You maybe remember that this Torah portion, Parashat T'rumah is the first example of a synagogue's capital campaign. God tells Moses that the Israelites should give generously in order to hopefully be able to build a new synagogue in Athens, GA ... Sorry, that's not quite right ... but God does command the constrcution of the first synogugue. This is what God tells Moses:
Speak to the children of Israel that they shall take a donation for me. You shall take my donation from every man whose heart will move him. And this is the donation that you shall take from them: gold and silver and bronze and blue and purple and scarlet and linen and goats' hair and rams' skins .... While I'm talking about it, if you feel so moved, please feel free to leave behind your goats' hair and rams' skins tonight.
God asks for donations, T'rumot. As I've commented upon in past years, each member of the community was expected to give, yet another inspiration for modern fundraising attempts. Some gifts were large and some were small. Some were gifts of supplies and others were monetary donations. Some gifts were the crafting of art works, and some were the leadership of the community.
The important takeaway is that each person gave gifts from his or her own unique and special gifts.
The second verse of the portion provides an insight: Speak to the children of Israel that they shall take a donation for me. This can be read two ways. One is very functional. The donation will be for the sanctuary, which as God later states, will be a place of God's dwelling. So quite literally, it will be a donation for God. But another way of reading it highlights the fact that a donation or a gift only because a T'rumah when it is done with a whole heart, in the service of God. It is the intention that makes it a donation for God.
If you go through this Torah portion, you'll see that it reads almost like architectural blueprints. You shall make a table of acacia woo, its length two cubits and its width a cubit and its height a cubit and a half. Here's another: You shall make an atonement dais of pure gold, its length two and a half cubits and its width a cubit and a half. I promise I'm not going to quiz you later on your cubits recollection, but these are just two examples of the specificity involved in creating the Tabernacle.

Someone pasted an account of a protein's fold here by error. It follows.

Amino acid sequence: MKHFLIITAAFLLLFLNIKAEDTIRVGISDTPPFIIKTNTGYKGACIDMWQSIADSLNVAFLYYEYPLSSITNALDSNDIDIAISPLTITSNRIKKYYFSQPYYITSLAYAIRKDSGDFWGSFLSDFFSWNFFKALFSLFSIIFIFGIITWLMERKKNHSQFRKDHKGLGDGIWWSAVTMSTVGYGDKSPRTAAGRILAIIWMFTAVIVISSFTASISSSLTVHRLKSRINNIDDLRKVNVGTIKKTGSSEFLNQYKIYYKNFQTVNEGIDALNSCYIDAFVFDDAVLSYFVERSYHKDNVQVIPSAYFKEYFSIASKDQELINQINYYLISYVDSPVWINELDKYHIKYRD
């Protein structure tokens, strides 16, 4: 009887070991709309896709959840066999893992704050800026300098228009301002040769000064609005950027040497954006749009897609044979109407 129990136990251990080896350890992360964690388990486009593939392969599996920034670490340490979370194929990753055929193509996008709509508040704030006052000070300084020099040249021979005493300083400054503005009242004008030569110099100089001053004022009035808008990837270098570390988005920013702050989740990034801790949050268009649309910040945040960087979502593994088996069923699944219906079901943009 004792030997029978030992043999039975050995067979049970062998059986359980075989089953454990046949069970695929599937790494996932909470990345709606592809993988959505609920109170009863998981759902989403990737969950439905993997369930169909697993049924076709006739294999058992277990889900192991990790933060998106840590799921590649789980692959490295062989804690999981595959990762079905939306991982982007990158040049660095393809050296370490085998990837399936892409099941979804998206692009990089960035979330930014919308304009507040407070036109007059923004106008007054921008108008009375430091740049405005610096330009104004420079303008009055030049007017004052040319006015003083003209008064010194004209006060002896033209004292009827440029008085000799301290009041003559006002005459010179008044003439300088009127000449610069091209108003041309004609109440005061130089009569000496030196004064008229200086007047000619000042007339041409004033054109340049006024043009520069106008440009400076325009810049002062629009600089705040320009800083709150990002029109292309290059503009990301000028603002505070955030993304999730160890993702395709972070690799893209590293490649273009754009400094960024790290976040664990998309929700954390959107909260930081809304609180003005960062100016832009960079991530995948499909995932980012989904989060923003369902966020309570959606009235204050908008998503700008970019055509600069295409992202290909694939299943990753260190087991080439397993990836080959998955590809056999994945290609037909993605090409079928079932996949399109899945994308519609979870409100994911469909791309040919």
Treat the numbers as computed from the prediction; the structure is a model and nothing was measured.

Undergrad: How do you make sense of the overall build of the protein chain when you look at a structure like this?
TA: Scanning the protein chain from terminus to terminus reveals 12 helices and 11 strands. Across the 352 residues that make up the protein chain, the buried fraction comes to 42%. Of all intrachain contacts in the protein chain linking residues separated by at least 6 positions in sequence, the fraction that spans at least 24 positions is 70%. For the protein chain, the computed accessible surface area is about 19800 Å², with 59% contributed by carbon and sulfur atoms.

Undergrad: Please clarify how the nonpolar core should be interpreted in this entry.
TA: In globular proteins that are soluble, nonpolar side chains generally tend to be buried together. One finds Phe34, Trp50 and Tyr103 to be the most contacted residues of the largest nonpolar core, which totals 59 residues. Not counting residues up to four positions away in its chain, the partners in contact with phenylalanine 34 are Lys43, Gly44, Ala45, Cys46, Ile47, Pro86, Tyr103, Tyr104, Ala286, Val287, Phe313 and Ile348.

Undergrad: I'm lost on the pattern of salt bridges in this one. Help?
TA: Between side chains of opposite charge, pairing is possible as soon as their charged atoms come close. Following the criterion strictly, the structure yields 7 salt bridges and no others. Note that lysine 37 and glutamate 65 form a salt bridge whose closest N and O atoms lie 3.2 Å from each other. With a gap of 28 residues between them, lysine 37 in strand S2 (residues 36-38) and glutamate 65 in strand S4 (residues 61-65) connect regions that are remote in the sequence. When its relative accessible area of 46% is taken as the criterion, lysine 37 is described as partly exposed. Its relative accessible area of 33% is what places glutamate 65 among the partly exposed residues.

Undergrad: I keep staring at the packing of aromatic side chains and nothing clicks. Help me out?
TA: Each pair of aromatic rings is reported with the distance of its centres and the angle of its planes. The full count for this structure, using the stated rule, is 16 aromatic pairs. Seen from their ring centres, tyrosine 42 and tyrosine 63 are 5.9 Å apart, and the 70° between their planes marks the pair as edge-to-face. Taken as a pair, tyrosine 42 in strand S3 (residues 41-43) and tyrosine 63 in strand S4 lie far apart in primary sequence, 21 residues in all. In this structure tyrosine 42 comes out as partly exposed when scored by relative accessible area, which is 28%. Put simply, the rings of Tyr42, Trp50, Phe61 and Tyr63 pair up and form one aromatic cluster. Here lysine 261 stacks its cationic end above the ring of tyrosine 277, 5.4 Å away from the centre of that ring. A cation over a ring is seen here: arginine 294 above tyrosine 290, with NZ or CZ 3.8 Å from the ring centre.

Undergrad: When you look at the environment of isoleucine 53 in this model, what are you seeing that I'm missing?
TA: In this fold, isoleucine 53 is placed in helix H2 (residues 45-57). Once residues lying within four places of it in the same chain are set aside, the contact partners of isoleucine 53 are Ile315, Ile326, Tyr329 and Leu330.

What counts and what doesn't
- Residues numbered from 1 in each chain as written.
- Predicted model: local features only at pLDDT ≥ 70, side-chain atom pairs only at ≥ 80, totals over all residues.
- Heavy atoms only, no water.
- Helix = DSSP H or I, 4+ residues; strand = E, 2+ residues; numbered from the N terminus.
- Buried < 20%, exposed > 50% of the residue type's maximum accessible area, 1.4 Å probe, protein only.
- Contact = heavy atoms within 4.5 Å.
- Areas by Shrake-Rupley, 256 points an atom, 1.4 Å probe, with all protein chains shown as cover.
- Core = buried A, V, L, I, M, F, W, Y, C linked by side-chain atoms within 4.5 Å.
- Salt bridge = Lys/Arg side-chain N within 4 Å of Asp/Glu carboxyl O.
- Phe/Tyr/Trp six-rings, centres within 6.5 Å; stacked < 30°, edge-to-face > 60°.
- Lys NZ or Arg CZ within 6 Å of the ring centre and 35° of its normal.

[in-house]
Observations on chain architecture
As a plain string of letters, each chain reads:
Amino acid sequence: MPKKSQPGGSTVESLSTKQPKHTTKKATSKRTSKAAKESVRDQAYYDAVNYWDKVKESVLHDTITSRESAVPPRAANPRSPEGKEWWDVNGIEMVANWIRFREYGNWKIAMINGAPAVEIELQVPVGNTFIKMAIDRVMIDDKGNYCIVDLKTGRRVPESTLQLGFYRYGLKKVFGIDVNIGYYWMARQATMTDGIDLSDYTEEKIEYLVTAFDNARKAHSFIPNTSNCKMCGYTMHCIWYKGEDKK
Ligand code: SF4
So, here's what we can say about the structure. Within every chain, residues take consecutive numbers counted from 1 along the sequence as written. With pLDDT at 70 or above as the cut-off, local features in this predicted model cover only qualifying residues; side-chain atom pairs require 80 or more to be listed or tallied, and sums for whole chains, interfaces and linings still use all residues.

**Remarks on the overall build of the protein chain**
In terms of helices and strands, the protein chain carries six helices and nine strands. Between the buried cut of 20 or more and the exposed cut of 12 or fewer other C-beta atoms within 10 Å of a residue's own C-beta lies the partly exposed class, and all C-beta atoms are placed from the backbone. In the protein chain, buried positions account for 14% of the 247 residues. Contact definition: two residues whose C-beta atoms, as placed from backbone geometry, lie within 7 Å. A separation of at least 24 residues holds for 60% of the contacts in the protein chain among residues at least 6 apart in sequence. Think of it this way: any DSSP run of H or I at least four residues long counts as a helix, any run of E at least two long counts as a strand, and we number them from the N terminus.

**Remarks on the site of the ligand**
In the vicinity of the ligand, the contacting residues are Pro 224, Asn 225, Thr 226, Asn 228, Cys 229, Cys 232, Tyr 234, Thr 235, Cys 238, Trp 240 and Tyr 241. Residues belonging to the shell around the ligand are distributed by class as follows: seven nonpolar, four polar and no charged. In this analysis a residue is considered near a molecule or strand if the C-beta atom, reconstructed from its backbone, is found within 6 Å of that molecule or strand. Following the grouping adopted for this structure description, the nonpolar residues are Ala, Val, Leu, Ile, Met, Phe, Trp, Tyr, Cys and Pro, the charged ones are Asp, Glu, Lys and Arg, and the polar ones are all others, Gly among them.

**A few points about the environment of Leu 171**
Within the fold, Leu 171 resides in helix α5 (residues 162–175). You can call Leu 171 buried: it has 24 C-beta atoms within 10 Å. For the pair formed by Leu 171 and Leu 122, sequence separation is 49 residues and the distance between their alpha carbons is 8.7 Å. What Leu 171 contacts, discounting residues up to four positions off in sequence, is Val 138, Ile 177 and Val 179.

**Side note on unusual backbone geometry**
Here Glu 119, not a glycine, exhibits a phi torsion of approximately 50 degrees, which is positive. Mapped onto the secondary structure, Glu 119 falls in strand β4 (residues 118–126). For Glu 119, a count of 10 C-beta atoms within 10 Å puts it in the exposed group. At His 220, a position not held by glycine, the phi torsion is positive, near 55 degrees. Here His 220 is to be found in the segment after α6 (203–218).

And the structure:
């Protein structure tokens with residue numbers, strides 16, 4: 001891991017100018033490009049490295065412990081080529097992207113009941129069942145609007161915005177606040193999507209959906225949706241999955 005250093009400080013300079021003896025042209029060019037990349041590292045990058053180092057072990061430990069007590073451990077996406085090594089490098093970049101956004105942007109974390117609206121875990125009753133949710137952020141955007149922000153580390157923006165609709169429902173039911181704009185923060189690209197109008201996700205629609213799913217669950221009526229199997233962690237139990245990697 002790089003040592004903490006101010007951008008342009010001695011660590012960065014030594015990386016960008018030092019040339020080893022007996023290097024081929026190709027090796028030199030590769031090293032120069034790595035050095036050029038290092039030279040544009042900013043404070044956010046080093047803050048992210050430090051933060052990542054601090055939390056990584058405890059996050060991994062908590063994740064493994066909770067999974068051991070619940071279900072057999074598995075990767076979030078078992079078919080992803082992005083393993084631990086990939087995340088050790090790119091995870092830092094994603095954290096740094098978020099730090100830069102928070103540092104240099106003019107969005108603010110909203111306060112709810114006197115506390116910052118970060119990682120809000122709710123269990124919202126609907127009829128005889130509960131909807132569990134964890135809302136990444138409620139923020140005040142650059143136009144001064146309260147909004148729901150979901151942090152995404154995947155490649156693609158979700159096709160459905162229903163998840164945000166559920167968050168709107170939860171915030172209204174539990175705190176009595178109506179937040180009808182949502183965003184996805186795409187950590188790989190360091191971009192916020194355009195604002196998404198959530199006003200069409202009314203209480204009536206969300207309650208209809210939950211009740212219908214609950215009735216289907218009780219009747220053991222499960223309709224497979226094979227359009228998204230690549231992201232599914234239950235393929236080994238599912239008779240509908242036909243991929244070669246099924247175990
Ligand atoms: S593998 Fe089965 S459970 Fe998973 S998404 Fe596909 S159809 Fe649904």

These examples, and many others throughout T'rumah, delineate a measurement of a half of a cubit. A cubit is the length of your forearm, often measured as the distance from your elbow to the tip of your middle finger. The length of half of that distance is not special in any significant way.
But these half-cubits are essential to understanding a wonderful message about Judaism, charity, and gifts. The half-measures of all of these physical structures mirror the fact that without the guiding principles of the Torah, each of us are like all those halves of a cubit - incomplete.
Remember, after the construction of the Tabernacle, there's a whole lot of Torah left. It's not the end of a process. It's the continuation of a journey. The collecting of the donations and the organization of everyone involved and the building and fixing ... it's an incredible achievement ... But without Torah, it's only half.
Perhaps like some of you, I can't read this portion and not think about the excitement surrounding the prospect of a new and renovation sanctuary for us to dwell in. It will require patience. It will require creativity. It will require compromise and teamwork. But mostly, it will require T'rumot. Yes, money and donations and artwork and things that can be measured in cubits. But more importantly, like the Israelites that built the first sanctuary, it will require T'rumot for a higher purpose, for God, for Torah, for holiness. Our donations combined with our faith and righteousness will create a whole sanctuary, and as this Torah portion says, God will most certainly dwell within.